The IP industry jargon may seem daunting. However, you still need to understand a few frequently used words when considering obtaining protection for your mark. This article explains a few important trademark terms in simple language.
A sign, symbol, word, smell, colour, sound or name that distinguishes its proprietor’s goods or services from that of others. Typically, they are logos, words or slogans. Read more about trademark basics.
This refers to the identification of goods and services in a trademark application. The Nice Classification system, an international classification system that most registries follow, divides goods and services into 45 classes. Classes 1-34 include goods while classes 35-45 define services.
3. Priority claim
The applicant of a trademark for the first time is granted the right to claim priority when filing applications for the same trademark in other countries within a 6-month period, starting from the date of the first filing. If priority is claimed, then the second application will be considered as having been filed on the same date as the first filing. As such, the applicant will enjoy prior rights against applications filed by third parties since the date of filing in the first country.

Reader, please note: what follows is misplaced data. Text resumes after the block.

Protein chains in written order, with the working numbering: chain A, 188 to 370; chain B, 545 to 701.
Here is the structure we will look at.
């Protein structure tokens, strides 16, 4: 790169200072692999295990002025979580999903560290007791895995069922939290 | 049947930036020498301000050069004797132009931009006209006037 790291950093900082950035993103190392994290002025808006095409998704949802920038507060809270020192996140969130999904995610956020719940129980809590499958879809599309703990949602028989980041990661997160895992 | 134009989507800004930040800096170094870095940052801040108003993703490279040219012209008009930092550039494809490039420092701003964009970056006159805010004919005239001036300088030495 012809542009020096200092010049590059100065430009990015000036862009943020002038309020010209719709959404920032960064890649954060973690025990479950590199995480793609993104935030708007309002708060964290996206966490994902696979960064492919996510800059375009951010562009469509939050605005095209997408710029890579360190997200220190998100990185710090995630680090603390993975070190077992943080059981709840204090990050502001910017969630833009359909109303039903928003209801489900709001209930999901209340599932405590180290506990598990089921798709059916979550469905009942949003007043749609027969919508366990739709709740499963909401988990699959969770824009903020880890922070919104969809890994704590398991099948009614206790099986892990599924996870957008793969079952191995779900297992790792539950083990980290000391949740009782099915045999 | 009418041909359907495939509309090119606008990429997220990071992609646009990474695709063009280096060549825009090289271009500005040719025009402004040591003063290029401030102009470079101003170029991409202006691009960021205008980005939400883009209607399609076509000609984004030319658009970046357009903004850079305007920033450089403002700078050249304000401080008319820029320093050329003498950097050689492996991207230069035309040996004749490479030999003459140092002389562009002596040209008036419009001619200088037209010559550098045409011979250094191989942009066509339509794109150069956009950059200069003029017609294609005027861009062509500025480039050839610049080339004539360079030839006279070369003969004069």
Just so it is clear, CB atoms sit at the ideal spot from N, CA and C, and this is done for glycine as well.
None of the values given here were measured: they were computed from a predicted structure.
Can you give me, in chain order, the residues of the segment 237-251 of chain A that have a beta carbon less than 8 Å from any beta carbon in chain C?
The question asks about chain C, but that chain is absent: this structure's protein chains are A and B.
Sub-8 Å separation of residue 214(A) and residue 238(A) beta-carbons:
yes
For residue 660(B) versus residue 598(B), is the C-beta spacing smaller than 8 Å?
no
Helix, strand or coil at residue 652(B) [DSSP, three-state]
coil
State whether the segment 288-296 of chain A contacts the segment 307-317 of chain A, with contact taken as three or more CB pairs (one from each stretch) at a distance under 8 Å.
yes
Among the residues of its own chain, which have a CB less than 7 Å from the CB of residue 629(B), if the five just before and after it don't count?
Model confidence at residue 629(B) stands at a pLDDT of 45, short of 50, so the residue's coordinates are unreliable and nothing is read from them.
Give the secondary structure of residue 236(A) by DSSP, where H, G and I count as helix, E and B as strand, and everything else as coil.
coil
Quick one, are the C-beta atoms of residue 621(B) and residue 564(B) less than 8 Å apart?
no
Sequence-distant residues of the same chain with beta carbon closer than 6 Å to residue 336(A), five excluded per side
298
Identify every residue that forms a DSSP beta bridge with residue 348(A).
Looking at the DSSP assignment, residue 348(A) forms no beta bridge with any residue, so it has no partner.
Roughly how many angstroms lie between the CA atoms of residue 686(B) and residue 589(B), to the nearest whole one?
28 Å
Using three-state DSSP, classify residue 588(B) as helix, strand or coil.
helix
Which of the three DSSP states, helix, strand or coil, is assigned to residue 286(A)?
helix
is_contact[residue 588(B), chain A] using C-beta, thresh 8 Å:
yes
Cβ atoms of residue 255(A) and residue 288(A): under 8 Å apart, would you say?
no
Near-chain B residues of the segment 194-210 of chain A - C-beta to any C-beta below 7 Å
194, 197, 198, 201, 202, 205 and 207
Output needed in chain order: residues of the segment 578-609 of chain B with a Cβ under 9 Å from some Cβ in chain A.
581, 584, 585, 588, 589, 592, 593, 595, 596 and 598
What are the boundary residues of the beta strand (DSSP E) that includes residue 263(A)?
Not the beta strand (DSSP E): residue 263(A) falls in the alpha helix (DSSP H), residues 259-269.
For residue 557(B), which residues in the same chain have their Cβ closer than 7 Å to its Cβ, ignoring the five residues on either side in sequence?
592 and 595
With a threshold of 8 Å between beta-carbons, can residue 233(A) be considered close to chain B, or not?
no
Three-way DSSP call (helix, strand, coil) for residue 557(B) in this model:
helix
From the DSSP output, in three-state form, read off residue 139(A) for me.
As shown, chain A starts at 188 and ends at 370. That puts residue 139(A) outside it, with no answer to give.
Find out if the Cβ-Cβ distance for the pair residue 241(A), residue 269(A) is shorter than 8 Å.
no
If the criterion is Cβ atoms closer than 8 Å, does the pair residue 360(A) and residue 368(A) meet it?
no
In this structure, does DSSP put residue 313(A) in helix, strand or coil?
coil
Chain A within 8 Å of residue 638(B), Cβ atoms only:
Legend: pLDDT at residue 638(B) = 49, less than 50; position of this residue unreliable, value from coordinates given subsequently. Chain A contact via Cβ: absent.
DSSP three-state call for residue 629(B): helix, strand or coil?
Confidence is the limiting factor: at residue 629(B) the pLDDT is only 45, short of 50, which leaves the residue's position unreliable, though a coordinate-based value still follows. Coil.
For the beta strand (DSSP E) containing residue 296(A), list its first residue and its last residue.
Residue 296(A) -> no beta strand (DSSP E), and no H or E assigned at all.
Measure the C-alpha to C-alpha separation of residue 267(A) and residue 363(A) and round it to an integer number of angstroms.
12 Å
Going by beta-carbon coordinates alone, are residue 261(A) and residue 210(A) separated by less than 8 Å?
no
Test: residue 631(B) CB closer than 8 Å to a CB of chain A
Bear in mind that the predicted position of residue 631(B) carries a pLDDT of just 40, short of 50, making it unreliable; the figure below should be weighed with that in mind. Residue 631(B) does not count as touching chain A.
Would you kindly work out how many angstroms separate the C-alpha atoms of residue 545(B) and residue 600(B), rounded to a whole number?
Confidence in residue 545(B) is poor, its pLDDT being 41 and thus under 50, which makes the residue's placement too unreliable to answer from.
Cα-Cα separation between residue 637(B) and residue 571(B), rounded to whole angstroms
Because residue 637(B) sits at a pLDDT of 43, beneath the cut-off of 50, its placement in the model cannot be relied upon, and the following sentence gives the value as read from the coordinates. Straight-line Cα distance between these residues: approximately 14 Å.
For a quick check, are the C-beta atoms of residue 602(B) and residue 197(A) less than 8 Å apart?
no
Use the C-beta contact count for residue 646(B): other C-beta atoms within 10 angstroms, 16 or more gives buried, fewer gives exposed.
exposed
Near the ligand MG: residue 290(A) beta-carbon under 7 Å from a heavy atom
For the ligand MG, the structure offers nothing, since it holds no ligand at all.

The World Intellectual Property Organization (WIPO) is a specialized agency of the United Nations responsible for administering the Madrid System and the international registration of trademarks. It is headquartered in Geneva, Switzerland.
Trademark infringement occurs when a trademark that is identical or confusingly similar to another company’s mark which is enjoying prior rights, is used without its owner’s permission.
6. Trademark journal
During the registration process of a trademark, if the application has not been refused by the duty officer, then the mark is published in a trademark journal. This provides the public with an opportunity to file a trademark opposition within a limited period of time before protection is granted.
This is an agreement between a trademark owner and a third party, allowing the third party to make limited, specified use of a trademark. Licenses are usually subject to royalty payments.
8. Symbols ® and ™
The symbols ® and ™ are commonly associated with trademarks. ® means that a trademark is registered with the registry. The applicant cannot use this symbol before the registration process is completed. ™ can be used if the company has not yet filed an application for their mark, but is using it as a trademark.
A trademark must be distinctive to the consumers to be accepted by the registry, as the purpose of a trademark is to identify its origin. Arbitrary trademarks (such as Blackberry) or fanciful trademarks (like Nike) are considered the most distinctive trademarks.
A descriptive trademark is one that describes some characteristics of the products or services of interest such as the quality, quantity, intended purpose, value or origin. Descriptive trademarks can generally not be protected as a trademark unless their extensive usage causes them to have acquired distinctiveness.
At IPHub Asia, we help businesses protect their intellectual property rights. Contact us to help you understand more trademark terms and to assist with your business needs in IP. You can also visit our website to learn about the IP services we offer.